I lost my mother on the 6th of May, 2017—the year I went back to Baumettes. I wasn’t allowed to attend her funeral. This shocked me as I had provided all of the necessary documents.
This infringement of my rights has been confirmed by the Rights Defender in a document sent to me. My right to correspondence is not respected, even with lawyer: none of my letters reach him. The mail sent to me by lawyers and Rights Defenders, which are supposed to be confidential, are given to me opened, all this despite the labels noting their confidentiality.
I was assaulted by a guard on August 1st 2017. I reported the assault to the building chief. He saw that I was spitting blood and promised me I could go to the infirmary.
By August 3rd, still no appointment. I wasn’t allowed to visit the infirmary until August 7th, and by then many of the injuries had healed to the point where it was no longer possible to report them.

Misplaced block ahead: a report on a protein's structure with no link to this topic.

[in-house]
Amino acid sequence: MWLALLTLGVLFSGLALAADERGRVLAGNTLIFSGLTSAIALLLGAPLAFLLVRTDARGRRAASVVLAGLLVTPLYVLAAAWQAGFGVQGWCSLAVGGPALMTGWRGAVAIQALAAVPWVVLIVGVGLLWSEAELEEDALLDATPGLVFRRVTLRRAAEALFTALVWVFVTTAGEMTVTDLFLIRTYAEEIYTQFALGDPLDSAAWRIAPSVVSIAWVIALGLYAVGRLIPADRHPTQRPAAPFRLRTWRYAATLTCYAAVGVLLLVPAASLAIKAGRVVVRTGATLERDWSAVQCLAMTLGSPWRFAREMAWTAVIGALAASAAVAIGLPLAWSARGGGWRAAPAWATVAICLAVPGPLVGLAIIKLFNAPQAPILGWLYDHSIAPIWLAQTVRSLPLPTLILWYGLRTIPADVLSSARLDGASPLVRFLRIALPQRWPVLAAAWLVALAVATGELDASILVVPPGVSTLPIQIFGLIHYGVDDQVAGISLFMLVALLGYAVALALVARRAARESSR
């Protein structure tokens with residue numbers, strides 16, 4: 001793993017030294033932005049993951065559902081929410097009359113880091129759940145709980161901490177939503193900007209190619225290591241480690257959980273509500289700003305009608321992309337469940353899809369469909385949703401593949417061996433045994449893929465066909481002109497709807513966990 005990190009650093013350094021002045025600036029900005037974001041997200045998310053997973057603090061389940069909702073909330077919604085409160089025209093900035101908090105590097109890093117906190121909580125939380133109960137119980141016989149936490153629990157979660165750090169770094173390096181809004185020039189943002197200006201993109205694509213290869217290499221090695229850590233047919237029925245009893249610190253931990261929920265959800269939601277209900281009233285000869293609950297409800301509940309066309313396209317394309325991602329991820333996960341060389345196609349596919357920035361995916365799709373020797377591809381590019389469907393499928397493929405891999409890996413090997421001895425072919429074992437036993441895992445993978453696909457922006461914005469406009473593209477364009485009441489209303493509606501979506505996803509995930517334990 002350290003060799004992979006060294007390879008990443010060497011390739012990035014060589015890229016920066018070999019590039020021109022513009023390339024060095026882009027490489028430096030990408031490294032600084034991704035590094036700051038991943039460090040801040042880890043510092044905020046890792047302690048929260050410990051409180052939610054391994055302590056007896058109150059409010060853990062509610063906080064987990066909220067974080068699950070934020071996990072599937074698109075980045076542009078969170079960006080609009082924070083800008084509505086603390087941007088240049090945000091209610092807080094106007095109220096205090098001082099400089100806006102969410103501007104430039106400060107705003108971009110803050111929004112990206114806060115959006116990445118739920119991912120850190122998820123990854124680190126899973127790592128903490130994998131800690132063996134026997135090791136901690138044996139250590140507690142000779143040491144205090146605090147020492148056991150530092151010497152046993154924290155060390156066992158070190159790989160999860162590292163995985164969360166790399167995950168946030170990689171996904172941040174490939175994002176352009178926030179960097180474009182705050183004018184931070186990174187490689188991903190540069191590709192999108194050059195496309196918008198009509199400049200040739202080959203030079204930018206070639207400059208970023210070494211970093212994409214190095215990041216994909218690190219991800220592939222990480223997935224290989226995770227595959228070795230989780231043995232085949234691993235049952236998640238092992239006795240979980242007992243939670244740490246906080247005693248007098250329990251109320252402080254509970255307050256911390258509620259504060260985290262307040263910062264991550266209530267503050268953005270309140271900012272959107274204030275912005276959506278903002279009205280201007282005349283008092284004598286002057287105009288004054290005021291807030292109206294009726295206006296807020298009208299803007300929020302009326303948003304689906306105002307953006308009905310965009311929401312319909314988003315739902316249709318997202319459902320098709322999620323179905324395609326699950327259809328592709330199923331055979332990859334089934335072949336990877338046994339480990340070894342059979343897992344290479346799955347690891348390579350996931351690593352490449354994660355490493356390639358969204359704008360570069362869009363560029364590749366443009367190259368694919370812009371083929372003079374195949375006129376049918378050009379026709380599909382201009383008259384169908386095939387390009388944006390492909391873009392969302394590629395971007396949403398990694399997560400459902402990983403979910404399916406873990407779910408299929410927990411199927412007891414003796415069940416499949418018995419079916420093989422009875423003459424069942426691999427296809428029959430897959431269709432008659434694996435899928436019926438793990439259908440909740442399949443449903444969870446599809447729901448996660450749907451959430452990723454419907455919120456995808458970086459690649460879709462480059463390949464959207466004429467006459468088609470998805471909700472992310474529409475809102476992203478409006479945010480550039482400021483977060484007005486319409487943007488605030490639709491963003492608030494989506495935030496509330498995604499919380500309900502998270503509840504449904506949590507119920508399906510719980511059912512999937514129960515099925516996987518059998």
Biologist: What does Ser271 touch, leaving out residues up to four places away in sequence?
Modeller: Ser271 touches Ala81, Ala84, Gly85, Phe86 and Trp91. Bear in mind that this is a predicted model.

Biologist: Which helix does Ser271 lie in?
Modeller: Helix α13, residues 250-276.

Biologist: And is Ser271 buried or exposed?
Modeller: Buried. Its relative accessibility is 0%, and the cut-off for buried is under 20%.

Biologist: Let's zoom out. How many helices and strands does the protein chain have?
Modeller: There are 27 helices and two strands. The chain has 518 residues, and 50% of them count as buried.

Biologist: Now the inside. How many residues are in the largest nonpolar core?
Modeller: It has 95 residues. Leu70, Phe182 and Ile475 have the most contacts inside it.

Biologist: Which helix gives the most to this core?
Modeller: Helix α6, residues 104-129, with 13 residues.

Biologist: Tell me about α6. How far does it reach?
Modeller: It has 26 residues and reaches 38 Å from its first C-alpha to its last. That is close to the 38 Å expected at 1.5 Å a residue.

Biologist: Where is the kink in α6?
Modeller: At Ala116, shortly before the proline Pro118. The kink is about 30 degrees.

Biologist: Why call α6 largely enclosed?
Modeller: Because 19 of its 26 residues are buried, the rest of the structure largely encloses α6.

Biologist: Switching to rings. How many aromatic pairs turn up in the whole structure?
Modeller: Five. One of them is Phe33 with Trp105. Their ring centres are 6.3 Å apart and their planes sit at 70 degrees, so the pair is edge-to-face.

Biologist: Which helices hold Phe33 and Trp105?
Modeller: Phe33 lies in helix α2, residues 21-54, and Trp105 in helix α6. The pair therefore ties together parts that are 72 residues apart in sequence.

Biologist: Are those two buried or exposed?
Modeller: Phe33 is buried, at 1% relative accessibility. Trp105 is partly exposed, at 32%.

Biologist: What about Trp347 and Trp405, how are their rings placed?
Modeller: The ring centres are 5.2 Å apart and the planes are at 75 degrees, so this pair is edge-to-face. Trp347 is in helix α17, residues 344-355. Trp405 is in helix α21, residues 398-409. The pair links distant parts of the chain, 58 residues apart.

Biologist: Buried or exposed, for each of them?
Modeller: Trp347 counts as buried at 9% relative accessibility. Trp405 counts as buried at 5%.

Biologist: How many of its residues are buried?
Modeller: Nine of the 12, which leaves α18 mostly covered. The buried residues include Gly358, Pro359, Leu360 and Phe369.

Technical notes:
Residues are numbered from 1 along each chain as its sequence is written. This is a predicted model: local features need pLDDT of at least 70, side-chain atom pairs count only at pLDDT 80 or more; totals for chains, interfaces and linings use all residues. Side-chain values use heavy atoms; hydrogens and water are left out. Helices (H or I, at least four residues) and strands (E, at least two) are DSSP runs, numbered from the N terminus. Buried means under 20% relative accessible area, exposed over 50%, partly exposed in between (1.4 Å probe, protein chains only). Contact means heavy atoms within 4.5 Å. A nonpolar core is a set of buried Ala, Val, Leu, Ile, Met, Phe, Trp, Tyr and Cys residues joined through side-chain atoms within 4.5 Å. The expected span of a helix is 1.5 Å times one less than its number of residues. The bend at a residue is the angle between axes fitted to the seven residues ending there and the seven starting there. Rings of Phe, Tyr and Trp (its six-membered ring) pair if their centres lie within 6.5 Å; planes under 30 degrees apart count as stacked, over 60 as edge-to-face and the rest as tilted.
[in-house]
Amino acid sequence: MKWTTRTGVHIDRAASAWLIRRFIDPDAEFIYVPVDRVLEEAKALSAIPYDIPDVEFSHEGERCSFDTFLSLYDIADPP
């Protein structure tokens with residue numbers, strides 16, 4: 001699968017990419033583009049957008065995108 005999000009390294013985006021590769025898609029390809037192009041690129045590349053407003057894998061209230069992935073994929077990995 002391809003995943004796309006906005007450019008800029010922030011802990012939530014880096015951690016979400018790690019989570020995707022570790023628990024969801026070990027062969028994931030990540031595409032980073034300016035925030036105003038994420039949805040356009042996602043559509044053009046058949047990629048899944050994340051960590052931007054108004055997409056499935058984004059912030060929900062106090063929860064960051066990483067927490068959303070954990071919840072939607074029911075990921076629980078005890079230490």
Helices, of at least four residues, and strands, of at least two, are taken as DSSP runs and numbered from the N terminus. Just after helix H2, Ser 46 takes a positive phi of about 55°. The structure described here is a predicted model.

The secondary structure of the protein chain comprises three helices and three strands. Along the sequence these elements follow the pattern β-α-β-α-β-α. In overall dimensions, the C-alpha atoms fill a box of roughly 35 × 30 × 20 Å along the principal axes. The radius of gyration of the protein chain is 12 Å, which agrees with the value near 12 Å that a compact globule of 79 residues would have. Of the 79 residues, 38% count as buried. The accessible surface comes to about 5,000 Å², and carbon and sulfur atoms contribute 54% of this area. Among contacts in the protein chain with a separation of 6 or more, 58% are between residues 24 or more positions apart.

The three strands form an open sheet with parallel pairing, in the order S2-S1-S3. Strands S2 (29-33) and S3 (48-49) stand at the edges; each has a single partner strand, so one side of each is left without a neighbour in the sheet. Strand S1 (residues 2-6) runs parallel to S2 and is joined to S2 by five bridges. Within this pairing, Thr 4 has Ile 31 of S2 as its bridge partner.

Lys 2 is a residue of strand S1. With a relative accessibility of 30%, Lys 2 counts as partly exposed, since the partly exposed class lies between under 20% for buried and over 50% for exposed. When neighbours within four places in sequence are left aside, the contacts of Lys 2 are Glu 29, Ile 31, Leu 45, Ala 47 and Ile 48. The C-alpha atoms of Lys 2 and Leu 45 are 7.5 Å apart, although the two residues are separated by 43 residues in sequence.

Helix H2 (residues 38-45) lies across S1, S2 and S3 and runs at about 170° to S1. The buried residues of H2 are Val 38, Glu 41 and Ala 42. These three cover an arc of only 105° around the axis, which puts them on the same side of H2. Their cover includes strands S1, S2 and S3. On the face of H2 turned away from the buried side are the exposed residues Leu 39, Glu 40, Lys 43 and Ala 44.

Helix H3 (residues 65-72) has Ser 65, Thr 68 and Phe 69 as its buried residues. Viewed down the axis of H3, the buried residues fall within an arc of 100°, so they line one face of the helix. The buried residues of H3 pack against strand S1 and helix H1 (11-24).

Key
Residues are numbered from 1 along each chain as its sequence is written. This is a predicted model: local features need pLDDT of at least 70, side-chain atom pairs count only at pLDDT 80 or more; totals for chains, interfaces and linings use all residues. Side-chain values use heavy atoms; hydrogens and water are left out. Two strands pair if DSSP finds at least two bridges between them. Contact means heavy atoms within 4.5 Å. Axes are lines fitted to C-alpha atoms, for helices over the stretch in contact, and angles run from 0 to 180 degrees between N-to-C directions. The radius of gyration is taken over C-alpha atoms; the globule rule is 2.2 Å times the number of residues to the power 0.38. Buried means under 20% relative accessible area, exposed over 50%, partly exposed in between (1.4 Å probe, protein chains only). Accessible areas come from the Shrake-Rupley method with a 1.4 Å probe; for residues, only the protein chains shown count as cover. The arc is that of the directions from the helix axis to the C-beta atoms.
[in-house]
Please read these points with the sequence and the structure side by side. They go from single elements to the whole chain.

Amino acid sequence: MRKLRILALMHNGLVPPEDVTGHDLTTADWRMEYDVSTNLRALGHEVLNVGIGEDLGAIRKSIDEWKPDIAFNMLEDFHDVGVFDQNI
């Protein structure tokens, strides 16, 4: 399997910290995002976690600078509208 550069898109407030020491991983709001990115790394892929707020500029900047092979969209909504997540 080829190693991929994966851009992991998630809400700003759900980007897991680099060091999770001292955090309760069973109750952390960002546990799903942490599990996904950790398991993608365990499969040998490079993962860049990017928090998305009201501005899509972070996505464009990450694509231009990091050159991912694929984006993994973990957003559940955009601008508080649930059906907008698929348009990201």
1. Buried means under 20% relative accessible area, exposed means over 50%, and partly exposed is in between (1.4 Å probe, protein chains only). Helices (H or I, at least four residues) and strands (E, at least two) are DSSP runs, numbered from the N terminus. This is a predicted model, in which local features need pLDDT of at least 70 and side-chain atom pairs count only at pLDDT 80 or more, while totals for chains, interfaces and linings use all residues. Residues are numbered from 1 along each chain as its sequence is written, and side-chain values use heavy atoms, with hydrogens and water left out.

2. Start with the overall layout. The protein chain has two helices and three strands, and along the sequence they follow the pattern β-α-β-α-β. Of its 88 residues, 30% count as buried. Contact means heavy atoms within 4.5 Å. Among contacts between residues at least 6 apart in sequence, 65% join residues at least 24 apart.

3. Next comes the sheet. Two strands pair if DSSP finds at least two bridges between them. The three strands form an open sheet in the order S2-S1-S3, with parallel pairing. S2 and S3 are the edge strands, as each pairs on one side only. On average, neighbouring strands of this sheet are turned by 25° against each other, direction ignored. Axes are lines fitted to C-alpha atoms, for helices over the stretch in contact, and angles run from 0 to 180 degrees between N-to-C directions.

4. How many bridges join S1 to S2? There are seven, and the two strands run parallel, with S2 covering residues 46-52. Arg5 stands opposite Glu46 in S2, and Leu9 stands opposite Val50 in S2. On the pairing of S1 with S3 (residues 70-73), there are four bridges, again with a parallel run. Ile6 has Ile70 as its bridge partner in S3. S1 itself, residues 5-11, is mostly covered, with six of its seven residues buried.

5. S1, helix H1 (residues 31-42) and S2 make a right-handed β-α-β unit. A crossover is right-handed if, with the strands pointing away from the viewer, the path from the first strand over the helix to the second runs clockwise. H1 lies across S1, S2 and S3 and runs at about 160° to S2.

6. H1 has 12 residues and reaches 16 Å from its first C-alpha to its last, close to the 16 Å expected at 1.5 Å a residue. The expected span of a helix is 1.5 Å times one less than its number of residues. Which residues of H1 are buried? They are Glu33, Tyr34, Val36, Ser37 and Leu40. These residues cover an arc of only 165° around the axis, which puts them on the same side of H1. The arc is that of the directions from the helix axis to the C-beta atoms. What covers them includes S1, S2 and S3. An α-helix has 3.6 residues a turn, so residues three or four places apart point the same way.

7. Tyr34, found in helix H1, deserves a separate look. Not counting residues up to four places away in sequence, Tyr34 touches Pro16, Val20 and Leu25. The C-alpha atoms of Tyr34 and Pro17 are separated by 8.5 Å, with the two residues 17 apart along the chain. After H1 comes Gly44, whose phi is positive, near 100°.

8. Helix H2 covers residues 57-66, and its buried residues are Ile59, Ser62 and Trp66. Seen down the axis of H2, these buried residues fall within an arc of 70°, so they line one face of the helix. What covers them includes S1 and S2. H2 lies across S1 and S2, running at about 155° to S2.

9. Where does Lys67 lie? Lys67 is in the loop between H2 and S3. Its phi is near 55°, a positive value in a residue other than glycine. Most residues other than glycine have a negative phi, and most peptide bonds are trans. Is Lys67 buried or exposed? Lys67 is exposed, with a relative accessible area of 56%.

My complaint, filed August 8th is, as of yet, unresolved. I was later summoned by a brigadier who told me outright that if I pursued my complaint, I would suffer the consequences and that my life would be a living hell.
Afterwards, it was exceedingly difficult for me to retrieve the documents proving that I’d filed a complaint. They had been hidden away for several months by the prison administration, who claimed that it was because of the prison move.
The prison guards continually expressed their resentment for the articles being published by the press following the hunger and thirst strike that I had led at the end of August alongside Abdelhalim.
I’ve lost 15 kg during my detention.
Theft, violence, and fire